The amount of child support to be paid is based on the payor’s gross income and the number of children. The support amount is set out in a chart called the Child Support Guidelines. These Guidelines are available online and can be found on the Department of Justice website.
Child support is not a negotiable figure and will be awarded in accordance with the Guidelines. In very rare circumstances, a support payor may be able to prove that paying support in accordance with the Guidelines would create an “undue hardship” for him/her but these cases are few and far between. We can help you determine whether you qualify for this claim.
In instances where the children spend at least 40% of the time with each parent, or if the children are split between the two households, the amount of child support to be paid is often affected. Please read the article regarding shared/split custody and child support to learn more.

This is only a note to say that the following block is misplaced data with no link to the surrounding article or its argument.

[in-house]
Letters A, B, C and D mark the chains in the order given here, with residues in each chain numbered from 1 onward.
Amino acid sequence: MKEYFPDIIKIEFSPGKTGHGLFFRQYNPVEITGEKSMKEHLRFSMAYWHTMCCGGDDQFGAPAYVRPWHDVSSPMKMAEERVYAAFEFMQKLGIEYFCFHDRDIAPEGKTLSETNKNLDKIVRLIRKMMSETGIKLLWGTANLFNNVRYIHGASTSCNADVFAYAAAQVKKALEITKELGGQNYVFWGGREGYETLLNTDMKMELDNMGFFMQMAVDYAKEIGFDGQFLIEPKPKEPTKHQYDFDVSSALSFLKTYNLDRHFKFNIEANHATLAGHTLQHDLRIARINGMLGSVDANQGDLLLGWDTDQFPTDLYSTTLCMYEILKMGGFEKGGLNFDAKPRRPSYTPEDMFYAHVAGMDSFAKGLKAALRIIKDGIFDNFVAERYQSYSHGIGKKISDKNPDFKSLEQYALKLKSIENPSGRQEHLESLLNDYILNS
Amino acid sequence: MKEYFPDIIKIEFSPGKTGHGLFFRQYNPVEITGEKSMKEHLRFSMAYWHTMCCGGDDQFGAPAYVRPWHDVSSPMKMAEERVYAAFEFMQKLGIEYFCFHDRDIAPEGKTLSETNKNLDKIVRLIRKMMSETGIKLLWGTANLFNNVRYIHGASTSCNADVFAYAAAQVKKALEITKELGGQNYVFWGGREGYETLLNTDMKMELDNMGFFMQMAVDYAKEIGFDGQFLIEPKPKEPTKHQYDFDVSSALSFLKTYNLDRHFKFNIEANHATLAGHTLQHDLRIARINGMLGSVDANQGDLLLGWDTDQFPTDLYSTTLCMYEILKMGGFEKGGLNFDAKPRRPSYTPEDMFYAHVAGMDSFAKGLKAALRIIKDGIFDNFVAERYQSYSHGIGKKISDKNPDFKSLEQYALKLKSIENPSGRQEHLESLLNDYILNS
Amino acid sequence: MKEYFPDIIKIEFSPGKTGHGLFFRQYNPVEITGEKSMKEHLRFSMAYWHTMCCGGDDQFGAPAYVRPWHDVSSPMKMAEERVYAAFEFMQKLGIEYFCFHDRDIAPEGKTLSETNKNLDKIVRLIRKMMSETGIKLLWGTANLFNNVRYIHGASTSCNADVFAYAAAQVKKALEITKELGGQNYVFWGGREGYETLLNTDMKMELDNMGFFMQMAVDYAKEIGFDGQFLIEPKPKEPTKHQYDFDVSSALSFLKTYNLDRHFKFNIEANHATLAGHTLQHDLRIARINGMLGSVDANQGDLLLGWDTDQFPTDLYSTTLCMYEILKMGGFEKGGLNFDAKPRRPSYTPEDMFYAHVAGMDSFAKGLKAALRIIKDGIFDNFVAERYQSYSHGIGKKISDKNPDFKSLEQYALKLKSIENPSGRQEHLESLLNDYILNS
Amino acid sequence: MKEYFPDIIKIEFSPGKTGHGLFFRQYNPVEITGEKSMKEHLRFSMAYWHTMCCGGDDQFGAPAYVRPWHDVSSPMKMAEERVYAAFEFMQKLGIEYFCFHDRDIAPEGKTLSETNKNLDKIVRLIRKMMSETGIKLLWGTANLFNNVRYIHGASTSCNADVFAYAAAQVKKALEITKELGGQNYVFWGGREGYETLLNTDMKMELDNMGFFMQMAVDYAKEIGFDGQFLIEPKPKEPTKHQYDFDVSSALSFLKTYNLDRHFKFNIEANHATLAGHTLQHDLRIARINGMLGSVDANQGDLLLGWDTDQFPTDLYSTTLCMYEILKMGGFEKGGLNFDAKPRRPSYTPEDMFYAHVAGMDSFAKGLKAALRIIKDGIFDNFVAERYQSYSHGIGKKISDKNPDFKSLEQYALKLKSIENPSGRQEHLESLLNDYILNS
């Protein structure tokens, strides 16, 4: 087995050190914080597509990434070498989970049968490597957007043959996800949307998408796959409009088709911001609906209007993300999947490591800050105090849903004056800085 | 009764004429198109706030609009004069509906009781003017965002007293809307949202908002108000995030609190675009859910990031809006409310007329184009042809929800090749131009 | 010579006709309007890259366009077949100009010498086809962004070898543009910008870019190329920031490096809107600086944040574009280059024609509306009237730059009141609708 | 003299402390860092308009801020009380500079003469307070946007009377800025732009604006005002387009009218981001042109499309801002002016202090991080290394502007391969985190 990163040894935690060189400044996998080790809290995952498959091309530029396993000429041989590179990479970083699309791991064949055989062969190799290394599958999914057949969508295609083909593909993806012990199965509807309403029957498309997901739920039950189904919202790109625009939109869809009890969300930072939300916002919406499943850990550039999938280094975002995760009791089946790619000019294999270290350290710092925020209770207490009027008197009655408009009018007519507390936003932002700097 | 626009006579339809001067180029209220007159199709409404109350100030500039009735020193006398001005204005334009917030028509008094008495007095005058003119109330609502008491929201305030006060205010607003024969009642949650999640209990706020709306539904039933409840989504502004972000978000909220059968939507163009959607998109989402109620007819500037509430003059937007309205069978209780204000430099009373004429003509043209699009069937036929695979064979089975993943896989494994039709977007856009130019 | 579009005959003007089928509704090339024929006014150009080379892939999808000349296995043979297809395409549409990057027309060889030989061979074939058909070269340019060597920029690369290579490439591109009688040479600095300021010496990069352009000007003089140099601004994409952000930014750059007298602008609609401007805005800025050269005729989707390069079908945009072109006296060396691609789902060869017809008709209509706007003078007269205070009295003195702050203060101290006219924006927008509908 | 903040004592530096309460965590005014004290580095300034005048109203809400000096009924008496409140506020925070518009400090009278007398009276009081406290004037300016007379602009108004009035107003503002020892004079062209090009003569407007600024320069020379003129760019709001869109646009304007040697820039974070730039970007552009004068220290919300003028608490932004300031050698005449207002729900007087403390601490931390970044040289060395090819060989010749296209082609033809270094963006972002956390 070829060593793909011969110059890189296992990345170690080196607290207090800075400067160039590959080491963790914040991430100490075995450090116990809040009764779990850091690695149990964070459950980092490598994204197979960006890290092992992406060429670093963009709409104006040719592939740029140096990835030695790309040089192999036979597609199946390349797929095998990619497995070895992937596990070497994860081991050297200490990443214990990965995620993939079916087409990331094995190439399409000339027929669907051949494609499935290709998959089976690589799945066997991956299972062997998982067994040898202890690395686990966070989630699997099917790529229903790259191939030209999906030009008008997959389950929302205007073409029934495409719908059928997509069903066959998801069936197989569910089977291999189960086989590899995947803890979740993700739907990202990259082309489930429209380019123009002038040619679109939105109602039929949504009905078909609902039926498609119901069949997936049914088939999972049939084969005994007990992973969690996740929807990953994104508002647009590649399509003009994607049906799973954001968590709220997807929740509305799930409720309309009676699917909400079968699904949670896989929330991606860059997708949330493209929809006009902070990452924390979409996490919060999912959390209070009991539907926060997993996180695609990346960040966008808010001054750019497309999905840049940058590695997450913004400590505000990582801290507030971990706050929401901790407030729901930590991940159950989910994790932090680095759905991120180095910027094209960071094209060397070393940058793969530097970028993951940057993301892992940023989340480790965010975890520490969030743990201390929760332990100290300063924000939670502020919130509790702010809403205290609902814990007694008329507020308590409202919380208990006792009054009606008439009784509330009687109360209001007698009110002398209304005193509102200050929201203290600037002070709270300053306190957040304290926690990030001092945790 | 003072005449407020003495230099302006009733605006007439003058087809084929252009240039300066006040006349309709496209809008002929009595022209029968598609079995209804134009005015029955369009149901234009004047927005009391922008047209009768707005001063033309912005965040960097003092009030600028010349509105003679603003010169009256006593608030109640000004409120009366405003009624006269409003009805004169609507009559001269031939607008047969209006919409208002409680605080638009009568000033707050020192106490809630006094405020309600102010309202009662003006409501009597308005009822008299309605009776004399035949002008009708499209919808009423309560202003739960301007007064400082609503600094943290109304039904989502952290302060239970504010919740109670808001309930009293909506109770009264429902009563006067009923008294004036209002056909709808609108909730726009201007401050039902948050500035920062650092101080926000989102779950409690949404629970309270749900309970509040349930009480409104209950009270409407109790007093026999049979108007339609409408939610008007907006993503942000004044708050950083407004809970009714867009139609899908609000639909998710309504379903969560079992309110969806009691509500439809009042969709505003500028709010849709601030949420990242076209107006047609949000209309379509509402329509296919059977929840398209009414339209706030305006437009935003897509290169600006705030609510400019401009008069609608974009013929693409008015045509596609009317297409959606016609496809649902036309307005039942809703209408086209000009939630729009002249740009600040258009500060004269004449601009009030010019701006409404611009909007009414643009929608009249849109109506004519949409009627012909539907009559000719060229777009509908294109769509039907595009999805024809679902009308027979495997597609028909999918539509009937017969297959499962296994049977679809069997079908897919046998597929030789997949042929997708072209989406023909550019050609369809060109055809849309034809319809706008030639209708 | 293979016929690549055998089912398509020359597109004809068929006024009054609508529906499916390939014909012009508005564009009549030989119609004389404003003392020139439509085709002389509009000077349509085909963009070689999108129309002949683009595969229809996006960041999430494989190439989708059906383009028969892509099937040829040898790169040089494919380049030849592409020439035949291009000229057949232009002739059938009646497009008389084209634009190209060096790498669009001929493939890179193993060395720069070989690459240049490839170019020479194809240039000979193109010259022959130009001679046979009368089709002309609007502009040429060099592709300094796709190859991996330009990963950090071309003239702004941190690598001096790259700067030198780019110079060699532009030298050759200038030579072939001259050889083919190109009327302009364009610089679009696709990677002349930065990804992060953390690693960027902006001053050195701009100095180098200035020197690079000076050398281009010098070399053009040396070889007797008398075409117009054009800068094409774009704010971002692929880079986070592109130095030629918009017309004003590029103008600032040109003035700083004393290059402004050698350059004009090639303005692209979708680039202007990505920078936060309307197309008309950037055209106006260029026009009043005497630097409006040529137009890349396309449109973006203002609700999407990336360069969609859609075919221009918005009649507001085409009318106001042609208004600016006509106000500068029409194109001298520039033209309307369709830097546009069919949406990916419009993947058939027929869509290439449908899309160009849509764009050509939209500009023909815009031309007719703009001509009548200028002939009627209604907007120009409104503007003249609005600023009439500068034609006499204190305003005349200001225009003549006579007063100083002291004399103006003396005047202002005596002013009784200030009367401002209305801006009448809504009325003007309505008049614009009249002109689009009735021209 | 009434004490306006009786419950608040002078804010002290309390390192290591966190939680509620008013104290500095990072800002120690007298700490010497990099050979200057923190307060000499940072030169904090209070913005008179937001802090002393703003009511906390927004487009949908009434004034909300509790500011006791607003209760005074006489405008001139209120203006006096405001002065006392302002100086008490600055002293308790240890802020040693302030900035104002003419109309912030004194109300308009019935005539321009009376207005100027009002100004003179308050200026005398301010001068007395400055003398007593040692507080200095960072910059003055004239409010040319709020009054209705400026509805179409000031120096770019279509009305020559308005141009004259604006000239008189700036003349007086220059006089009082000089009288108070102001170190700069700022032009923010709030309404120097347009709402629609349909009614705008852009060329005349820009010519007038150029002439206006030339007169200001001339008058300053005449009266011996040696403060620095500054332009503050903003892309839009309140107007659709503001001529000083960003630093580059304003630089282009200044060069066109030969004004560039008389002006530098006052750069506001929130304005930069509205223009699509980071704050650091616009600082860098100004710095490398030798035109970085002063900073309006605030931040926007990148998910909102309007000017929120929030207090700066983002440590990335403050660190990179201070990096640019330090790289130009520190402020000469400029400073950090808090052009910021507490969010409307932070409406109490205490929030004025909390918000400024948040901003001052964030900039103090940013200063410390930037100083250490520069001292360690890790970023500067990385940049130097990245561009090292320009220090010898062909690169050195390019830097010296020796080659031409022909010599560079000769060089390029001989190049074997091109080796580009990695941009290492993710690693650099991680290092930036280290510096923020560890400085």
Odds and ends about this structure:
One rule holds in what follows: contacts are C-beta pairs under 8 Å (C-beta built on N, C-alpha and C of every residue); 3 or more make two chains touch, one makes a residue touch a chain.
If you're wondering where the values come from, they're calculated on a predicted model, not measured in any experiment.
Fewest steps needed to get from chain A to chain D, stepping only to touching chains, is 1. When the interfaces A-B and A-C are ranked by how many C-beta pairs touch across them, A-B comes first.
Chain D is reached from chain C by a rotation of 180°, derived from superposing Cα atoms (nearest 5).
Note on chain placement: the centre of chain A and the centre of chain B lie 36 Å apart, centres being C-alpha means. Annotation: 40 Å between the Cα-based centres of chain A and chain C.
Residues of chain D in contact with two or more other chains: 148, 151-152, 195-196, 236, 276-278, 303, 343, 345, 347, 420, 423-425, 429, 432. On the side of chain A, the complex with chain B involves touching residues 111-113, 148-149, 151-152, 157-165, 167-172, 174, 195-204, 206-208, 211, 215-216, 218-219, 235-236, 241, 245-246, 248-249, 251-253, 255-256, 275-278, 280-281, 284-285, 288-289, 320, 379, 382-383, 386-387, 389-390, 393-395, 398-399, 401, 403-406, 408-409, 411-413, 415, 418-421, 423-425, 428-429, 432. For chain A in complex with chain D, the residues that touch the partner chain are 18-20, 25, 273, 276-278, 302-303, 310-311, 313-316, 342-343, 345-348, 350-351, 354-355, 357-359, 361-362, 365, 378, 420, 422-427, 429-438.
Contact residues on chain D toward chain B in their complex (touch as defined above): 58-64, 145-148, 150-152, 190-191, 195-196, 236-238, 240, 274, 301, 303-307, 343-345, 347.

Child support is designed to assist the primary caregiver with the cost of feeding, housing, and clothing the children. Costs such as daycare, sport registration fees, and school tuition are above and beyond child support and are usually paid on a pro rata basis by the parents. The proportionate share is determined by dividing Parent A’s gross income by the combined income of both parties. The result is the percentage owed by Parent A; the remaining balance is Parent B’s share.
Clients often ask whether the income of their new partner or the ex-spouse’s new partner are considered. They are not. This may create a seemingly unfair result, however, the law simply does not consider the incomes of any new partners when determining child support.
When children are over the age of 18, their entitlement to child support can still exist. However, depending on the particulars of your situation, the Guidelines may no longer apply. We would be happy to discuss this with you and help you determine whether your child’s support entitlement is less than the Guideline amount.